Broader source: All U.S. Department of Energy (DOE) Office Webpages (Extended Search)

    Scheduled User Hours User Beam Available hours User beam Availability (%) Total Faults Mean Time to Recovery Faults Per Day of Delivered Beam Delivered Integrated Current (A-hr)...

  14. Run_HistoryStatistics_4_plots.xls

    Broader source: All U.S. Department of Energy (DOE) Office Webpages (Extended Search)

    Year Scheduled User Hours User Beam Available hours User beam Availability (%) Total Faults Mean Time to Recovery Faults Per Day of Delivered Beam Delivered Integrated Current (A-...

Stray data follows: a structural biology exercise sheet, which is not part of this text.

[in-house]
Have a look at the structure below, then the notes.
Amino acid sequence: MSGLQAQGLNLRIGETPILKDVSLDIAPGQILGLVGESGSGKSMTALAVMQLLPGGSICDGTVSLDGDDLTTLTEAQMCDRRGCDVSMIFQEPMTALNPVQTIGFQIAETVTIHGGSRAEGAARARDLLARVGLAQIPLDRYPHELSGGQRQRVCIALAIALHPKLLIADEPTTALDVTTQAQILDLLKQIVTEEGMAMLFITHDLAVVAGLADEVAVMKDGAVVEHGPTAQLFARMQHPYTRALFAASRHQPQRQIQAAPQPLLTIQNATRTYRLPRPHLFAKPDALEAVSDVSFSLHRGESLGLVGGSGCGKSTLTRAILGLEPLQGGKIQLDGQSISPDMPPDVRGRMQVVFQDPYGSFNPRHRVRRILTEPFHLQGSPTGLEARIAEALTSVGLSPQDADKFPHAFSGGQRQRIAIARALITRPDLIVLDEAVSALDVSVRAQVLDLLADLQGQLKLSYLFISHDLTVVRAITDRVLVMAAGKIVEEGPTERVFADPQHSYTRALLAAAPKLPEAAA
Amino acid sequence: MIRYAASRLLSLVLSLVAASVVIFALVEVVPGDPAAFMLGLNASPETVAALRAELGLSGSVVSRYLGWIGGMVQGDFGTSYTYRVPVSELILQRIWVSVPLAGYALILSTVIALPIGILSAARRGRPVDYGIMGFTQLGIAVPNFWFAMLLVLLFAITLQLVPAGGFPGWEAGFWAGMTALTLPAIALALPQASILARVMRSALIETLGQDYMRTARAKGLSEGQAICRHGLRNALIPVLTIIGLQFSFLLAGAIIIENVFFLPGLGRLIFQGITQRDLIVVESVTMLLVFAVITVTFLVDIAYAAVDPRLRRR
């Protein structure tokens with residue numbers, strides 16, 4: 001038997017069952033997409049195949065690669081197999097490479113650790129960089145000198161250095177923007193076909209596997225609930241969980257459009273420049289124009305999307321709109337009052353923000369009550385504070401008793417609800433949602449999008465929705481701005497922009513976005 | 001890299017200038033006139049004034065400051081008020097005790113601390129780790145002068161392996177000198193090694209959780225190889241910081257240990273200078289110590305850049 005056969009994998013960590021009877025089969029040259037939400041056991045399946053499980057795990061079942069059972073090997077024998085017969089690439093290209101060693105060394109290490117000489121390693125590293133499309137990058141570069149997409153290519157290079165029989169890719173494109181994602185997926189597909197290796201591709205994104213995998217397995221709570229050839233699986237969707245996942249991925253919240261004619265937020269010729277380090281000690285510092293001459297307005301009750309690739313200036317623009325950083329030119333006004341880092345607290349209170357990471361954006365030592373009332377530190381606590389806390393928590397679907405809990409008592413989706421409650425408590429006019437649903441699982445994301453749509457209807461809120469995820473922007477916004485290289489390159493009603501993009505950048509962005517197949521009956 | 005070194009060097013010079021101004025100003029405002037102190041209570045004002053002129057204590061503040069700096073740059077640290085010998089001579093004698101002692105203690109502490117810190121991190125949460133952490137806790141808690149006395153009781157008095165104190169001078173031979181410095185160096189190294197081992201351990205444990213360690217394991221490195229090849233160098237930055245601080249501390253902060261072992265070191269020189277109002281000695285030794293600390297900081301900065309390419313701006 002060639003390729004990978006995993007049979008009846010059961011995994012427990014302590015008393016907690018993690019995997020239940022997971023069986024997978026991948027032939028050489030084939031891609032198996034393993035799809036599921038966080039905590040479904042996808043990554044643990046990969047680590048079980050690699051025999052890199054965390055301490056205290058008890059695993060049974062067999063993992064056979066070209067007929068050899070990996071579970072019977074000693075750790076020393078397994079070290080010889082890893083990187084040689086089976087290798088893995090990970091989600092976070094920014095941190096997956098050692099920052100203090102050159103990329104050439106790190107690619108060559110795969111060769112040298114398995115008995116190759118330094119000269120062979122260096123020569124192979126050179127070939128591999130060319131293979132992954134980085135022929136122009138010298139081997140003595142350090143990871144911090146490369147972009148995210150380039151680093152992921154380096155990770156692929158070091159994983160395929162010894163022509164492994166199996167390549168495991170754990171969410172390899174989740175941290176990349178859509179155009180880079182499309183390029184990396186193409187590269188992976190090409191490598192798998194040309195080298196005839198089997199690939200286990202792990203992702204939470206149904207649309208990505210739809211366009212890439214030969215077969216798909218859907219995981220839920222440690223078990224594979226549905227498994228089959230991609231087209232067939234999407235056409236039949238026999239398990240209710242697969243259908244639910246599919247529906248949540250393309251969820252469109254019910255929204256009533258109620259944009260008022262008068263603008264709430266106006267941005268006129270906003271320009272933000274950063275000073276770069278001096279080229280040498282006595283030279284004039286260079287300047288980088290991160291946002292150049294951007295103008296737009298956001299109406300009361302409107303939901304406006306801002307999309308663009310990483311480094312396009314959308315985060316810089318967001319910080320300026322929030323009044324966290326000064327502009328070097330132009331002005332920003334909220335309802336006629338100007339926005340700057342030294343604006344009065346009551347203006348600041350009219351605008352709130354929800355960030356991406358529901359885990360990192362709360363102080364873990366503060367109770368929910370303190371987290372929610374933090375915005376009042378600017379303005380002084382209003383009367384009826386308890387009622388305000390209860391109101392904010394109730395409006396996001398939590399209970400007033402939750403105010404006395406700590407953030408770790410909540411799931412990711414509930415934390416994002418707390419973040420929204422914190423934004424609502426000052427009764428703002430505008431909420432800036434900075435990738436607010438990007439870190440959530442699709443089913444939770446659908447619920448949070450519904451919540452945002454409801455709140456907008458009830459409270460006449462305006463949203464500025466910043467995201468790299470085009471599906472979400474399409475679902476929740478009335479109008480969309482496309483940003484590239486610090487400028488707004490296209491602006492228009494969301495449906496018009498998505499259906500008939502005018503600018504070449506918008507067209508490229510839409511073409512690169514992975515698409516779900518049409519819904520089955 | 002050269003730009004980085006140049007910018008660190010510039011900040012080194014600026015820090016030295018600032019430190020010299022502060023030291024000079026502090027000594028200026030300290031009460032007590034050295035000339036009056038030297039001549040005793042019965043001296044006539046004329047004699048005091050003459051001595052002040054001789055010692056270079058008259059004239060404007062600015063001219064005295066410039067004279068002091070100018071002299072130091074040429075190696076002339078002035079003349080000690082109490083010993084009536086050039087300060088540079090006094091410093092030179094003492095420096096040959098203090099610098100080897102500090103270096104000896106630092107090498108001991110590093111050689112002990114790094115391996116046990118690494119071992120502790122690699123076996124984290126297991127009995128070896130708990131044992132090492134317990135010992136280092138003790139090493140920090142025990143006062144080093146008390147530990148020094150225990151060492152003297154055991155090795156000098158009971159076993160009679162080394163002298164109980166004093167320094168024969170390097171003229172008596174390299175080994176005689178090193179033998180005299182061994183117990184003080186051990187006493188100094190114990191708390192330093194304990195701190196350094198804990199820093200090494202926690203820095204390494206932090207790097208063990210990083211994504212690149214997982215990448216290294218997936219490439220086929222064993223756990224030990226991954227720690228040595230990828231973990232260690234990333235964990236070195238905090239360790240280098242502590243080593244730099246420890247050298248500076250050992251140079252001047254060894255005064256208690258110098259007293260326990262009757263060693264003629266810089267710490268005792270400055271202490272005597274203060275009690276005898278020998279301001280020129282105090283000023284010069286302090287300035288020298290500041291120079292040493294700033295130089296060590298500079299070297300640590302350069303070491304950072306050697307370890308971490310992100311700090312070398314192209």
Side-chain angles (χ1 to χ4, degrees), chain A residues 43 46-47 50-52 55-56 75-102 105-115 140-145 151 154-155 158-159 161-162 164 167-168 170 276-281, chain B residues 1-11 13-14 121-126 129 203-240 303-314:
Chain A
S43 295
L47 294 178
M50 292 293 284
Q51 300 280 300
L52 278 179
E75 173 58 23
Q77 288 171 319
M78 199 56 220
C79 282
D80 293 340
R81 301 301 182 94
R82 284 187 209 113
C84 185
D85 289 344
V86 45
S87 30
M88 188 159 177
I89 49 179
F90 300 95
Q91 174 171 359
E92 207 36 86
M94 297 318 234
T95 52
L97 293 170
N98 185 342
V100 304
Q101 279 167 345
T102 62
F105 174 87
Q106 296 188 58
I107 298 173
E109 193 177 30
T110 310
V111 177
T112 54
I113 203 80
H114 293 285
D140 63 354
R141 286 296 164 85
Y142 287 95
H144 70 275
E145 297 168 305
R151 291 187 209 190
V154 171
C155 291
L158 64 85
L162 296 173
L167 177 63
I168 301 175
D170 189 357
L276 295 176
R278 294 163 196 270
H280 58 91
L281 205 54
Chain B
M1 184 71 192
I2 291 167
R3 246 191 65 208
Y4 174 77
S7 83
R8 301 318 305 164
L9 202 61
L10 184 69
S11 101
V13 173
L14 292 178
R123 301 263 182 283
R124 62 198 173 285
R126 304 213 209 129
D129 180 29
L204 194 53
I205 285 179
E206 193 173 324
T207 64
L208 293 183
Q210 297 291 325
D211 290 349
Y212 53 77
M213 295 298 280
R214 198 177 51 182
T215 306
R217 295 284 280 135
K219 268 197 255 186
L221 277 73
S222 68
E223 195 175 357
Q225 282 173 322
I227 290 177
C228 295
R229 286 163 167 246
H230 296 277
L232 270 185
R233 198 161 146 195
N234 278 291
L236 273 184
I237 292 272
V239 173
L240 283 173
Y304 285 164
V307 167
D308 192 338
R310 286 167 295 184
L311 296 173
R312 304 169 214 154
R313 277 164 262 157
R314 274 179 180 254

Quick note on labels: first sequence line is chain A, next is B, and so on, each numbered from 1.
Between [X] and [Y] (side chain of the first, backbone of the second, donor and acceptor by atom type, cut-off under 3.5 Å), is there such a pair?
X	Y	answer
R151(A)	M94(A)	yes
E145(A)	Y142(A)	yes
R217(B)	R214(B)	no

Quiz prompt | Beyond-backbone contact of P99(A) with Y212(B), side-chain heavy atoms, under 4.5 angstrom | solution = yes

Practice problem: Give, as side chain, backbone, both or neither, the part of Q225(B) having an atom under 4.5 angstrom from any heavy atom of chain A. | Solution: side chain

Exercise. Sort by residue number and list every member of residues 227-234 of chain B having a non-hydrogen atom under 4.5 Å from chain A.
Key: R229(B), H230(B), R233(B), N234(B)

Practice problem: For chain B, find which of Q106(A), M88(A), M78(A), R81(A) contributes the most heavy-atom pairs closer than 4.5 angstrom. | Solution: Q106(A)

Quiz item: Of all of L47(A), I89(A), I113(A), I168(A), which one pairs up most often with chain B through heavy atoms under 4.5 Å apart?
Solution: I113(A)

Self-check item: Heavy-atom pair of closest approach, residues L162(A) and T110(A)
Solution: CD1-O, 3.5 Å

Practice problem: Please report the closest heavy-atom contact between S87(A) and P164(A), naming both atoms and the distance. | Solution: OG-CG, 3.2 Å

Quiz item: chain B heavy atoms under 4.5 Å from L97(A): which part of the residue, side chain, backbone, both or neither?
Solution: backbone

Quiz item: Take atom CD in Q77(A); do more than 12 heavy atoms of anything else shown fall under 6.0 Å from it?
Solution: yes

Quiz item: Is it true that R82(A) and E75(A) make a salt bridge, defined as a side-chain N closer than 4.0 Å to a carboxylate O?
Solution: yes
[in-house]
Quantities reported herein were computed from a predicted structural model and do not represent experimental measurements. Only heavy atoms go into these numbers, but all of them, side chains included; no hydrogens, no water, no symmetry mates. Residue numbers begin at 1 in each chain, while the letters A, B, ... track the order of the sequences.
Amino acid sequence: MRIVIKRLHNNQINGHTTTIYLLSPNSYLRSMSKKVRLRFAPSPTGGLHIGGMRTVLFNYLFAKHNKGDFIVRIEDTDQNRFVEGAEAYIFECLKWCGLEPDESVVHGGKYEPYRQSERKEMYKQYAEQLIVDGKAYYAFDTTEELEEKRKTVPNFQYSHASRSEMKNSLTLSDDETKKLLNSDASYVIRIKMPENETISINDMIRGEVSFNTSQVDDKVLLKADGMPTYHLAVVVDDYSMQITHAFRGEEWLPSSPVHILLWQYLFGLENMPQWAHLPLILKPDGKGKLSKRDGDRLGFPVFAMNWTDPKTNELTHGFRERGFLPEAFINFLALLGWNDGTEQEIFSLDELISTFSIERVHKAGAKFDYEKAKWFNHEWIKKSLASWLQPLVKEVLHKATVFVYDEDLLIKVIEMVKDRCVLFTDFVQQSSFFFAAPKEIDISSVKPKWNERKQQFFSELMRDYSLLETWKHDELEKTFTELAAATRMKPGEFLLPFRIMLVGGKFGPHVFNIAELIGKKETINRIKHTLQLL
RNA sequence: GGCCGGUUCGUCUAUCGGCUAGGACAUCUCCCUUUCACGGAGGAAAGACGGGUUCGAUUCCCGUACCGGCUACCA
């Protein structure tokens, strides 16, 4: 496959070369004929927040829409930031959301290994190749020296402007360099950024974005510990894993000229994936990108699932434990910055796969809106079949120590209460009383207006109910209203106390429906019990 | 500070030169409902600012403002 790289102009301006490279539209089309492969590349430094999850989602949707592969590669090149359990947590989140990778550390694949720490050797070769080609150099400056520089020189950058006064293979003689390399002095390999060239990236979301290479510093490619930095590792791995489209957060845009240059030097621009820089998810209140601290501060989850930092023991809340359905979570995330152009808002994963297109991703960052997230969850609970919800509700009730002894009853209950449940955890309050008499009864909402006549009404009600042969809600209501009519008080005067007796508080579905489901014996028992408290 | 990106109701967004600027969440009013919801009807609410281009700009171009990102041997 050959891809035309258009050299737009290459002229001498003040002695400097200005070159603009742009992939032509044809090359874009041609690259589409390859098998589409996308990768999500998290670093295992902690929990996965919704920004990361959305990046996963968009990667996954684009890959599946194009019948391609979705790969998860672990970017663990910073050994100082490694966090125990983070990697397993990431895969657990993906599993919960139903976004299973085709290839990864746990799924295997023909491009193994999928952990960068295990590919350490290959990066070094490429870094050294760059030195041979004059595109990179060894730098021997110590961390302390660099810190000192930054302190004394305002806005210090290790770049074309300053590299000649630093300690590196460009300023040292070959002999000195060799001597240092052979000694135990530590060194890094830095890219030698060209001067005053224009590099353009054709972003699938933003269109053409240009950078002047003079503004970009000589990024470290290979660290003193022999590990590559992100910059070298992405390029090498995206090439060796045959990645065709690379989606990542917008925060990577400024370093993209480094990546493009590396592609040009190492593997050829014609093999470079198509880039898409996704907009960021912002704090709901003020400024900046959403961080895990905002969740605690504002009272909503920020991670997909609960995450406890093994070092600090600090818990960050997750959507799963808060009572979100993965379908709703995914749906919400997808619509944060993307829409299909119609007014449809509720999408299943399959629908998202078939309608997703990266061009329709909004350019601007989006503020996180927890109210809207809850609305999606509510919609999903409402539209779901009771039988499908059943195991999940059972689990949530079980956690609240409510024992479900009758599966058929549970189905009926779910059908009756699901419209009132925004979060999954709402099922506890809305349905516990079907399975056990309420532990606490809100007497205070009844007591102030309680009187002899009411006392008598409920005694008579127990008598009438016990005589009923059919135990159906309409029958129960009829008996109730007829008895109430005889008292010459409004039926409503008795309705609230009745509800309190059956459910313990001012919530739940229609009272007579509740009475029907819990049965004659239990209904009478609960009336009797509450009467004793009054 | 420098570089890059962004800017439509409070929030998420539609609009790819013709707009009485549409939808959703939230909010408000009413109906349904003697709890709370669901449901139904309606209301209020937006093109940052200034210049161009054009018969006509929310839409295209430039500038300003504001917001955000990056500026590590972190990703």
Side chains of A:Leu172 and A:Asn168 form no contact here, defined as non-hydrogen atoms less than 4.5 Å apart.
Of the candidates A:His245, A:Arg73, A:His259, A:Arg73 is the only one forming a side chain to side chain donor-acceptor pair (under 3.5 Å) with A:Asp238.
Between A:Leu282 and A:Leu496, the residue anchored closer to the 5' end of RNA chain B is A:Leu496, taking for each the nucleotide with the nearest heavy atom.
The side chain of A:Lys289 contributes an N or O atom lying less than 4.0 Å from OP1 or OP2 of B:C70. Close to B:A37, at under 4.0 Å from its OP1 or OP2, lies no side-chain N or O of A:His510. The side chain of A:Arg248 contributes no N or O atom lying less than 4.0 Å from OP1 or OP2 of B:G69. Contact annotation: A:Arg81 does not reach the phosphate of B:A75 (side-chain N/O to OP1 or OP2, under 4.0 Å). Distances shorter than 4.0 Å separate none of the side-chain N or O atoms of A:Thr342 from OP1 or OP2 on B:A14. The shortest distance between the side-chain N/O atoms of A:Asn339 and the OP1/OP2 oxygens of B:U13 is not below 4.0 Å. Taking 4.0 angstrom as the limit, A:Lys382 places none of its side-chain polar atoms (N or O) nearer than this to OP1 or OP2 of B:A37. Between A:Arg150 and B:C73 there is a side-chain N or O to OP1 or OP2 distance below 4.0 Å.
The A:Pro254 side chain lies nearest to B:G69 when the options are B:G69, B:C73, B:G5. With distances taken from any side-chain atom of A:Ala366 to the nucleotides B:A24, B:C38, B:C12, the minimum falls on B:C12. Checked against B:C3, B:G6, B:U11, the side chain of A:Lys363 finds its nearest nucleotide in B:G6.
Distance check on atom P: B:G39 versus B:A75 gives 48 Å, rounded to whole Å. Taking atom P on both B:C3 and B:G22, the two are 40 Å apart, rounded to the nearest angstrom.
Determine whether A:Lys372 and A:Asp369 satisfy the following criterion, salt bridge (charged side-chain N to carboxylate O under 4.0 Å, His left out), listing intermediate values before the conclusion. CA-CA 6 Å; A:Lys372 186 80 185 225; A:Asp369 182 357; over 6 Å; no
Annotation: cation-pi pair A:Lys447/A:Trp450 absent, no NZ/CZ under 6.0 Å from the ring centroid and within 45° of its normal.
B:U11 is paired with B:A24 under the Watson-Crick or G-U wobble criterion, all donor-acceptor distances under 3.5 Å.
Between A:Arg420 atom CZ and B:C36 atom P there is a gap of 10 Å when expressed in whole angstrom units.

15. Students Share Experiences from First Run of BioenergizeME Virtual...

    Office of Energy Efficiency and Renewable Energy (EERE) Indexed Site

    website links through the BioenergizeME Virtual Science Fair map. Last week concluded the beta run of the Bioenergy Technologies Office (BETO) sponsored BioenergizeME Virtual...

  16. 2013 CEF RUN - PHASE 1 DATA ANALYSIS AND MODEL VALIDATION

    SciTech Connect (OSTI)

    Choi, A.

    2014-05-08